While 2011 was a busy year for Europe-watchers, I suspect that 2012 is going to be a big year for China-watchers, at least when it comes to developments that will have the potential to dramatically affect the world’s financial system and economy. And as has been the case with the eurozone debt crisis, the most significant developments will probably be purely internal. (Note that I don’t mean to suggest that we’re done with the euro crisis, by any stretch of the imagination.)
After years of seemingly unstoppable growth, China’s economy has shown some sign of cooling off in recent months. But as always, the sharpest dangers to China’s and the world’s economy are fundamentally financial. China’s property boom seems to be coming to a sputtering halt, and the big question is whether this will turn into a full-blown bubble-burst. But in China such things have an additional layer of significance, because in addition to potentially causing financial disruptions, falling property values could create political disruptions as well. From Marketwatch:
HONG KONG (MarketWatch) — Irate Chinese homeowners are among the top policy concerns for Beijing this year, according to analysts who say weakening house prices are stoking serious tensions.
…City University’s Cheng says tensions over the housing market are emerging, even as authorities are proving more adept at defusing conflict in other areas. He points to December’s protest in the southern costal community of Wukan as one example.
Frustrations in Wukan over corrupt land deals by the village elite — and the death of a protester there — boiled over when 13,000 Chinese citizens took to the streets, sending the local Communist Party officials fleeing and beating back attempts by police to retake the town.
Not exactly the reaction we would expect in the US or Europe to events in local property markets. So while the Chinese government has substantial resources (both financial and adminstrative) that it can throw at this issue if it becomes a serious problem, this is something that we’ll have to keep an eye on.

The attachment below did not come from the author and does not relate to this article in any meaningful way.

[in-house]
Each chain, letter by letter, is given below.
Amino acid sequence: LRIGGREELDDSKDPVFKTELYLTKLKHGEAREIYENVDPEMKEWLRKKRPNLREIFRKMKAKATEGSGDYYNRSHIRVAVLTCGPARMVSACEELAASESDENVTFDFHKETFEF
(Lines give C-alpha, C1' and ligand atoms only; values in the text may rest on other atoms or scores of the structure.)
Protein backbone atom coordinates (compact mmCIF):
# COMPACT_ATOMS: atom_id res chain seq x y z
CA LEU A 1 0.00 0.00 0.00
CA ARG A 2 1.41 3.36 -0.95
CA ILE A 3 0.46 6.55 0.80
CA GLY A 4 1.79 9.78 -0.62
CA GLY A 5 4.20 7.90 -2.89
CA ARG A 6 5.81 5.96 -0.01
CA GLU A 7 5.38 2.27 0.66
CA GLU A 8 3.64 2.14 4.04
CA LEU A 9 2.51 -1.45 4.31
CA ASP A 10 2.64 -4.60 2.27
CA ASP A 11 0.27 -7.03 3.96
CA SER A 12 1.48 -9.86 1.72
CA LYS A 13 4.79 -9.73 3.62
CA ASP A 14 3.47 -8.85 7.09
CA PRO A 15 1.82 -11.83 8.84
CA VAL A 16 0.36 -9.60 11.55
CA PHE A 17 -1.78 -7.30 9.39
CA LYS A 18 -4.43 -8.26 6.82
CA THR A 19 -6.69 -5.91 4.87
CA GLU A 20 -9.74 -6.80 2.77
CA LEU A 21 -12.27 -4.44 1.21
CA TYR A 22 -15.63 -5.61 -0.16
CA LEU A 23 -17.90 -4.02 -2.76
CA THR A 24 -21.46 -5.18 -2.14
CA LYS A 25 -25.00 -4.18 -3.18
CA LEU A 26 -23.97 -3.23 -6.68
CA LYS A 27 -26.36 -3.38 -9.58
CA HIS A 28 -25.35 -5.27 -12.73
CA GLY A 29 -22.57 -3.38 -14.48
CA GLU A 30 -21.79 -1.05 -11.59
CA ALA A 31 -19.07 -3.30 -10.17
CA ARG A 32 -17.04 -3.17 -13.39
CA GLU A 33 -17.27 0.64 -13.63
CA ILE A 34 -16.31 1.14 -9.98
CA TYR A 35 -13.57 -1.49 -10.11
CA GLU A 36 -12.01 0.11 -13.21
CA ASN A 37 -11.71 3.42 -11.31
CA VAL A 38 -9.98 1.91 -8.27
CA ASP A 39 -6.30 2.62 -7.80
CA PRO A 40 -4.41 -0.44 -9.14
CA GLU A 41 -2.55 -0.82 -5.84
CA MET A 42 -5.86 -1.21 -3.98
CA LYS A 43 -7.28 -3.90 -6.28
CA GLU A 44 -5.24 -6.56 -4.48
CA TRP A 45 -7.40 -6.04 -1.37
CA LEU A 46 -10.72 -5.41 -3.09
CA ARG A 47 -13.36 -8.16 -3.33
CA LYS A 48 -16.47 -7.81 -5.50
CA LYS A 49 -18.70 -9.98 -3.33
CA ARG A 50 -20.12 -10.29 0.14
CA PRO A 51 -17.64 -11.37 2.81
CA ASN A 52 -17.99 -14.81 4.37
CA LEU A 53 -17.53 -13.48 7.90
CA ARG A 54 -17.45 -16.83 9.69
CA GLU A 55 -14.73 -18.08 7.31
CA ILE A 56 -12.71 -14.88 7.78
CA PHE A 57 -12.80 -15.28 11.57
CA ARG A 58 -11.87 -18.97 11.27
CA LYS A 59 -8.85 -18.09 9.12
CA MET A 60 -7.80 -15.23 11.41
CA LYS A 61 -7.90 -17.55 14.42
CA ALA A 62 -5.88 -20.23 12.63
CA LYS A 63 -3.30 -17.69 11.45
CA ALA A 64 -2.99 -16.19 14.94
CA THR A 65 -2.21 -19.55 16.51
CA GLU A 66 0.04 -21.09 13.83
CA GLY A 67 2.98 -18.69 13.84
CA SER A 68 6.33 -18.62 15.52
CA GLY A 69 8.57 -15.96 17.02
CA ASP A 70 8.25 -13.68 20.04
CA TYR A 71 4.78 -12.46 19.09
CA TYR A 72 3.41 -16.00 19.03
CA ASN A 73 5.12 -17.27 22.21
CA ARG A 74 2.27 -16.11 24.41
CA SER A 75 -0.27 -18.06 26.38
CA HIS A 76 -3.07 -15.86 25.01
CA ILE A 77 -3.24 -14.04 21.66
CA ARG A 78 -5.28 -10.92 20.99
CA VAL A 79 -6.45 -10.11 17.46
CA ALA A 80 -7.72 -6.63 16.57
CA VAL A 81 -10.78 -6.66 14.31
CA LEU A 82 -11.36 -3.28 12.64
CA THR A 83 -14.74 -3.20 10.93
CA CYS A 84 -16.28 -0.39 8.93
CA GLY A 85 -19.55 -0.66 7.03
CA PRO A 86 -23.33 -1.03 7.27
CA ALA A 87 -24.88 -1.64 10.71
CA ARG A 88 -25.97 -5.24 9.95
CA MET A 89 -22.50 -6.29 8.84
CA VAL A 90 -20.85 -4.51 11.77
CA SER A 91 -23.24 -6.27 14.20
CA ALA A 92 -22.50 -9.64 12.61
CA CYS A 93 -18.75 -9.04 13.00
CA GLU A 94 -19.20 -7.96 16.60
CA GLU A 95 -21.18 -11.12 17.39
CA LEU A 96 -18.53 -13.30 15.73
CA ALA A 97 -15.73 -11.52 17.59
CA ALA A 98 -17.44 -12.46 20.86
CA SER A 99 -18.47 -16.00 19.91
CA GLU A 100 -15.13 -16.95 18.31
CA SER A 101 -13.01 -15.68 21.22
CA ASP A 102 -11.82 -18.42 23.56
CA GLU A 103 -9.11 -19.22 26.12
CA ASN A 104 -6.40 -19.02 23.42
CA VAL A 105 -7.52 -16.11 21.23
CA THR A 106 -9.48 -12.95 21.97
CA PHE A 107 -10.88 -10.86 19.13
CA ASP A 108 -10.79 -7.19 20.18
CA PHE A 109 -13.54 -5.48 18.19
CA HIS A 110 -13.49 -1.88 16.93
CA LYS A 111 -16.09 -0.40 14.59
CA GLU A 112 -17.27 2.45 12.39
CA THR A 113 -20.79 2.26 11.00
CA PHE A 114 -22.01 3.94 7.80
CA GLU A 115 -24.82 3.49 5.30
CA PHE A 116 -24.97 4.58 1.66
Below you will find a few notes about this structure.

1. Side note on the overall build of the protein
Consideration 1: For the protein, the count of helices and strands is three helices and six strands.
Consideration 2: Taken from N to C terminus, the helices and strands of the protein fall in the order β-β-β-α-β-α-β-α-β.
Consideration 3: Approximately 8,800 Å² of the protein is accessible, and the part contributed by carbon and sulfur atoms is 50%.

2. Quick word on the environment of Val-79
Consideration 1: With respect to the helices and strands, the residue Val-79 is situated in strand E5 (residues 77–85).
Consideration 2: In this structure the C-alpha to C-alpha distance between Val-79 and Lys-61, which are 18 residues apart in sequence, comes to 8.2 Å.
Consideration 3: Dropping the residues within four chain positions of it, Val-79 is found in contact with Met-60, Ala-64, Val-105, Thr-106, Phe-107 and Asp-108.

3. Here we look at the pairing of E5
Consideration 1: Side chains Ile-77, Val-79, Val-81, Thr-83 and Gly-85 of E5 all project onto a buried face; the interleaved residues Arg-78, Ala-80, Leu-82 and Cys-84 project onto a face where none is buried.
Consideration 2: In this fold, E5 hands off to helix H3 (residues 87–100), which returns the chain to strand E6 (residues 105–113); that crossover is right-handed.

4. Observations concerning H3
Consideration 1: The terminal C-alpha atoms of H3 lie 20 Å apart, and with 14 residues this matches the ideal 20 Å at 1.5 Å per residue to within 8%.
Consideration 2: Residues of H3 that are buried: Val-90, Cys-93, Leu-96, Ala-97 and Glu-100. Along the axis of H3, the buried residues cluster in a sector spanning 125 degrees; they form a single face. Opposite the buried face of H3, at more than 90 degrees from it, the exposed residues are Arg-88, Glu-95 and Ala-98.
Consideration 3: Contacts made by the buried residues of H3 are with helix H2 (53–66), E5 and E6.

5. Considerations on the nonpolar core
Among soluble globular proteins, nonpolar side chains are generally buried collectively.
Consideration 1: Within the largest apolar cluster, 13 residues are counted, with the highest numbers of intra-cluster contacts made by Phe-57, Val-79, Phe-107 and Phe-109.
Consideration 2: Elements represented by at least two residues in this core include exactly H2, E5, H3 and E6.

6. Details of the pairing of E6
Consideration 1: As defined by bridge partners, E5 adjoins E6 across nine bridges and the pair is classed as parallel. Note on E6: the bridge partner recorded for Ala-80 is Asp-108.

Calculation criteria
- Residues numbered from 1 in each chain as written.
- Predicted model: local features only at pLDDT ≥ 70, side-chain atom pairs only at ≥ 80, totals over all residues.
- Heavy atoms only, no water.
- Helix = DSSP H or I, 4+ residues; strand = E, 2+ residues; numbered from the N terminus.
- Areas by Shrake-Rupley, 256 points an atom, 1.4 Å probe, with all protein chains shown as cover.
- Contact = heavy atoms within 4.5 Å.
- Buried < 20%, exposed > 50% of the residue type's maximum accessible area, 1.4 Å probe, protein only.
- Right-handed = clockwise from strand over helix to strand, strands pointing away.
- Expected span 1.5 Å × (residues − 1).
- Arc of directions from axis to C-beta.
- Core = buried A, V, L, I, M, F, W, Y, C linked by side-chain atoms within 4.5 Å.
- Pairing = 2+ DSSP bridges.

Note that one important way that events in China impact the rest of the world is through its exchange rate, which is substantially controlled by China’s central bank. With that in mind, Caixin Online recently published an interesting interview with the governor of China’s central bank (the People’s Bank of China), Zhou Xiaochuan. I admittedly know relatively little about him, but based on what I do know about him Zhou strikes me as a relatively thoughtful policy-maker who has softly but consistently pushed for market-oriented reforms. I encourage you to read the whole thing, but here are a couple of interesting tidbits:
Regarding prospects for China’s economy in 2012:
Caixin: China’s macro-economic policies were adapted to fit changing economic situations in 2011. How do you see the economic situation in 2012 and corresponding policy options?
Zhou Xiaochuan: The Central Economic Work Conference clearly articulated macro-economic policy, taking into account two considerations: Efforts to prevent an economic downturn, and efforts to restrain inflation.
First, we are encountering concurrent issues in the international arena, including an evolving European debt crisis, U.S. economic uncertainty, and slowing growth in emerging economies. More importantly, the international economy is changing rapidly, and its outlook remains uncertain. Thus, we must be prepared to respond to new situations.
On the other hand, looking at China’s domestic economy, local governments will have leadership reshuffles in 2012 and the capacity for growth in the Chinese economy is still great. At the same time, the consumer price situation has changed for the better, and the need to control inflation is not as pressing as it was in early 2011. Of course, there are still uncertain factors, such as the impact that the real estate market will have on the national economy.
And regarding continued yuan appreciation against the dollar:
Caixin: Is the current two-way volatility of the yuan a temporary phenomenon, or does it fundamentally indicate that the yuan exchange rate has already been overshot?
Zhou Xiaochuan: In the past, people said expectations for the yuan were one-way appreciation. Until close to the equilibrium level, it would experience two-way expectations and two-way volatility. This sort of natural, bi-directional floating state is the goal that reform has pursued. But to truly reach this state may take more time. The movement in the current foreign exchange market is still mainly related to the external environment.
That’s as close to an explicit statement as you could expect from the PBOC’s governor that the yuan has quite a bit further to go in its appreciation against the dollar. I’ll have more to come soon regarding recent developments in the yuan-dollar exchange rate.